EDF board member quits ahead of Hinkley decision: report

EDF board member quits ahead of Hinkley decision: report

A member of EDF’s board has quit ahead of a meeting today which is expected to see the company make a final investment decision on Hinkley Point C, Reuters has reported.



EDF board member quits ahead of Hinkley decision: report

Gerard Magnin said he was concerned the company was becoming too focused on nuclear power at the expense of renewables.

“As a board member proposed by the government shareholder, I no longer want to support a strategy that I do not agree with,” he wrote in a resignation letter to chief executive Jean-Bernard Lévy, seen by Reuters.

Magin said at the time of his appointment in 2014 he had expected EDF to reorient itself towards renewables, but its centre of gravity was instead shifting towards nuclear. He described Hinkley as “very risky” and said he hoped it would not “drag EDF into the same abyss as Areva”.

Like EDF, Areva is 85 per cent owned by the French state. Earlier this year the government agreed to bail out the company after it posted huge losses relating to the European Pressurized Reactor (EPR) it is installing at the Olkiluoto plant in Finland.

The reactor is over budget and behind schedule, and the company which owns the plant, TVO, has taken legal action against Areva. The same reactor design will be used at Hinkley.

As part of the bailout EDF is expected to buy a majority stake in Areva NP – the part of the company which manufactures nuclear reactors.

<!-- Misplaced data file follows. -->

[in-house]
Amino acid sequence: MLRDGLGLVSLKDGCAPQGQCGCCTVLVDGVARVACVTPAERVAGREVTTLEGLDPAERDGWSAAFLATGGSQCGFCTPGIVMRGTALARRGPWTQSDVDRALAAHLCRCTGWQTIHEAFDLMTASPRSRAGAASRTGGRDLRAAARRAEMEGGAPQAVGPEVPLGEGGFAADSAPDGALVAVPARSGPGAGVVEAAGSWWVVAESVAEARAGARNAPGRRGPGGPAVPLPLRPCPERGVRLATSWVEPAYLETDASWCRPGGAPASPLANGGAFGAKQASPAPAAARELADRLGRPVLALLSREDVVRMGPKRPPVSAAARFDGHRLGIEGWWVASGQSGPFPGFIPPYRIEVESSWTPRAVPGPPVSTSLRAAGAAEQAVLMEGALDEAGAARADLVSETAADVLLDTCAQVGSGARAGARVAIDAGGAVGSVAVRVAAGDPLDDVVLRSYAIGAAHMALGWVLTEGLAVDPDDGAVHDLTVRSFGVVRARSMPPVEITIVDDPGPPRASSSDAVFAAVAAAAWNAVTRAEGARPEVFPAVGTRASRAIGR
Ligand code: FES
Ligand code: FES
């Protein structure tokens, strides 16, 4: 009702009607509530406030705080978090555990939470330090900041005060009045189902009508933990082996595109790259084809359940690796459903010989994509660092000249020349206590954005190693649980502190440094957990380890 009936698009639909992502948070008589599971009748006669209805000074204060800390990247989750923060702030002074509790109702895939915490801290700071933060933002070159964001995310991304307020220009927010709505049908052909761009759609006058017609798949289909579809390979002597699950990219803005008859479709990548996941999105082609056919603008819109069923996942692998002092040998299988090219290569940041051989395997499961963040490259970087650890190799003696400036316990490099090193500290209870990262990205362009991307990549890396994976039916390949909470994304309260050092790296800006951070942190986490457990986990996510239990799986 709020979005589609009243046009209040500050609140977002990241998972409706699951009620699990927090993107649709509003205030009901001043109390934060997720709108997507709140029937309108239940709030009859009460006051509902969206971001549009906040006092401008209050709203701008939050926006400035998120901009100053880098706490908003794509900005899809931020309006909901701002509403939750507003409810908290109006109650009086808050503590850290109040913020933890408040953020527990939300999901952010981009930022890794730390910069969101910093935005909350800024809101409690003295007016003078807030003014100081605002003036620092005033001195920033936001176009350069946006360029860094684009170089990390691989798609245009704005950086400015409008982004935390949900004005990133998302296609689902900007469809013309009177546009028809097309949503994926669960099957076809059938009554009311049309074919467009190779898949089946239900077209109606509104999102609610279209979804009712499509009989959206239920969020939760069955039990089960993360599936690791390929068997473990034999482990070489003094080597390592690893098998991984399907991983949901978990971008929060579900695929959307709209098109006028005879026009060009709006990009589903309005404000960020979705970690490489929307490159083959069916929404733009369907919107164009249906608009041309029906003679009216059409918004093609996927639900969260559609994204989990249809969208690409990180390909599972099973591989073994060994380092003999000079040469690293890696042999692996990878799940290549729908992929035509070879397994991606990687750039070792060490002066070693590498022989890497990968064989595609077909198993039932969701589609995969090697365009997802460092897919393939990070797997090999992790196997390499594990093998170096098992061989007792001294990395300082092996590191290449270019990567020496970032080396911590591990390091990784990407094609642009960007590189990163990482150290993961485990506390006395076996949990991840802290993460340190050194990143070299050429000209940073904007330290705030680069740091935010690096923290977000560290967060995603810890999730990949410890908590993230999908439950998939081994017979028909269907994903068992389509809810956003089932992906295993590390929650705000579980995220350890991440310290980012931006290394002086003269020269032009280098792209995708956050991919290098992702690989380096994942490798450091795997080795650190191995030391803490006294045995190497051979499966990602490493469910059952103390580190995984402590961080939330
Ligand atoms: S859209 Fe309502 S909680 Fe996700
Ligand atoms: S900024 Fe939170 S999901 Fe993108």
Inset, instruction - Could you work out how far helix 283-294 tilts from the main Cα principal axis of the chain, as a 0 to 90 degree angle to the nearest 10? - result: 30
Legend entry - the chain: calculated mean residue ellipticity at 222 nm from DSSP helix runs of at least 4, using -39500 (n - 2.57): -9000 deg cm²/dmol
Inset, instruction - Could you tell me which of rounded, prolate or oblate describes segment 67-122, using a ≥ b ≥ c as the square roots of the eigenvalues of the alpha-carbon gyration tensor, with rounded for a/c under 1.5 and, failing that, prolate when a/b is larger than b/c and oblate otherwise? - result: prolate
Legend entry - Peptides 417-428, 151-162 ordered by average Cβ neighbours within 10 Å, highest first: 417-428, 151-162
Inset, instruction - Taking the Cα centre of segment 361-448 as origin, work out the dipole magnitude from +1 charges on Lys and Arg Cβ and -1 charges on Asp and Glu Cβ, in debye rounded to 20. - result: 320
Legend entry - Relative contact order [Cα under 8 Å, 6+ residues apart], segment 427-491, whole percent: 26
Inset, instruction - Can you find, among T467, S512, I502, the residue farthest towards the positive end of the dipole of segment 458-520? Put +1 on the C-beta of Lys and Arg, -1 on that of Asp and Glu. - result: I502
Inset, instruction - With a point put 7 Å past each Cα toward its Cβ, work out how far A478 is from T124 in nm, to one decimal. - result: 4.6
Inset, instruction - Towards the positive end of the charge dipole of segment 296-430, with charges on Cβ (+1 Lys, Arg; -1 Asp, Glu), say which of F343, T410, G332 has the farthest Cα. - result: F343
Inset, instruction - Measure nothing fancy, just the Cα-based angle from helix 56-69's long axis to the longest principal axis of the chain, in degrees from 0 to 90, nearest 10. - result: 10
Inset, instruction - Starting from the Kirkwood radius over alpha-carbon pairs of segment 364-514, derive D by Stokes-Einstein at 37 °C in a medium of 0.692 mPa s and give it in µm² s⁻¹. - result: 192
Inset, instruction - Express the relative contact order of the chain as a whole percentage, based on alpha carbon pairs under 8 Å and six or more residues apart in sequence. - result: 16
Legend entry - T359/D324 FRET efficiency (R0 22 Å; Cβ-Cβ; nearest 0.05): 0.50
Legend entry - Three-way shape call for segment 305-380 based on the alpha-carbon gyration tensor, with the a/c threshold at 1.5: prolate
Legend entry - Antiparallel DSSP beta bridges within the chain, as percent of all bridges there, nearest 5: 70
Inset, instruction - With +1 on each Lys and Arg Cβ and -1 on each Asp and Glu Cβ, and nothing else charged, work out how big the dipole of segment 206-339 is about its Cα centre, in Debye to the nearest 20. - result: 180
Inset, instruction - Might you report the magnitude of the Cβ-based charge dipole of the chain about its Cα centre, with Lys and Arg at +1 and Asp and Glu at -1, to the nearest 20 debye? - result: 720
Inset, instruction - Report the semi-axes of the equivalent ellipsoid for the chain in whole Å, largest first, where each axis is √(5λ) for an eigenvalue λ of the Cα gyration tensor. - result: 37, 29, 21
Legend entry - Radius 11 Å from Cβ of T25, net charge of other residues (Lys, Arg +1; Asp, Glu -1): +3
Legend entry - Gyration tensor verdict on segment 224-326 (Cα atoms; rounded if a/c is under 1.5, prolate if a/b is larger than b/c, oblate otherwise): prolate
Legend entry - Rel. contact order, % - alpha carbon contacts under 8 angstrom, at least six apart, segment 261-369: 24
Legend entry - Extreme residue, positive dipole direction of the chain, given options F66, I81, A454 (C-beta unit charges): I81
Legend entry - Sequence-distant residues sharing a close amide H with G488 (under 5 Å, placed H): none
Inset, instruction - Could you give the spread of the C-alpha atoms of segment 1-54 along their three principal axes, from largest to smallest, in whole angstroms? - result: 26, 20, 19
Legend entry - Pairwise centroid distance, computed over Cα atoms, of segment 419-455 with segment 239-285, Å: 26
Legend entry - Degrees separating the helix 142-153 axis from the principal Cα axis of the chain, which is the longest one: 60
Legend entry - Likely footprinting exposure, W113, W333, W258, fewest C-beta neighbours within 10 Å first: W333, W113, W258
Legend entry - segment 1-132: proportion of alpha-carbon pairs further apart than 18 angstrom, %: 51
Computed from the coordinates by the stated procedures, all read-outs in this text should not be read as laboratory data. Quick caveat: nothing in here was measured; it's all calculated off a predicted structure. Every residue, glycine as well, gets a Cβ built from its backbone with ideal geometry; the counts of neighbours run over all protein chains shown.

As well a decision on Hinkley, today’s board meeting will also see discussion EDF’s offer for Areva NP and vote on extending the life of France’s ageing nuclear fleet from 40 to 50 years, several sources told Reuters. 

Other sources told the news agency all six of the union representatives on the company’s board will vote against giving the all-clear to Hinkley. A decision is expected to be announced this evening.

Director of Greenpeace John Sauven said: “The UK government is signing a deal with a company that can barely hold itself together. Major figures are quitting in dissent, the company’s employees are up in arms and a similar reactor being built in France is under investigation by the French nuclear regulator.

“This is yet another strong signal that the UK government should not sign a deal just to save its blushes but take a rational decision based on evidence. That decision should be to forget Hinkley and undertake serious investment in the UK’s huge renewable energy potential.”

In March EDF’s chief financial officer Thomas Piquemal left the company, reportedly because of concerns over the funding for Hinkley.

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EDF board member quits ahead of Hinkley decision: report
BDC July 2022 issue - 294

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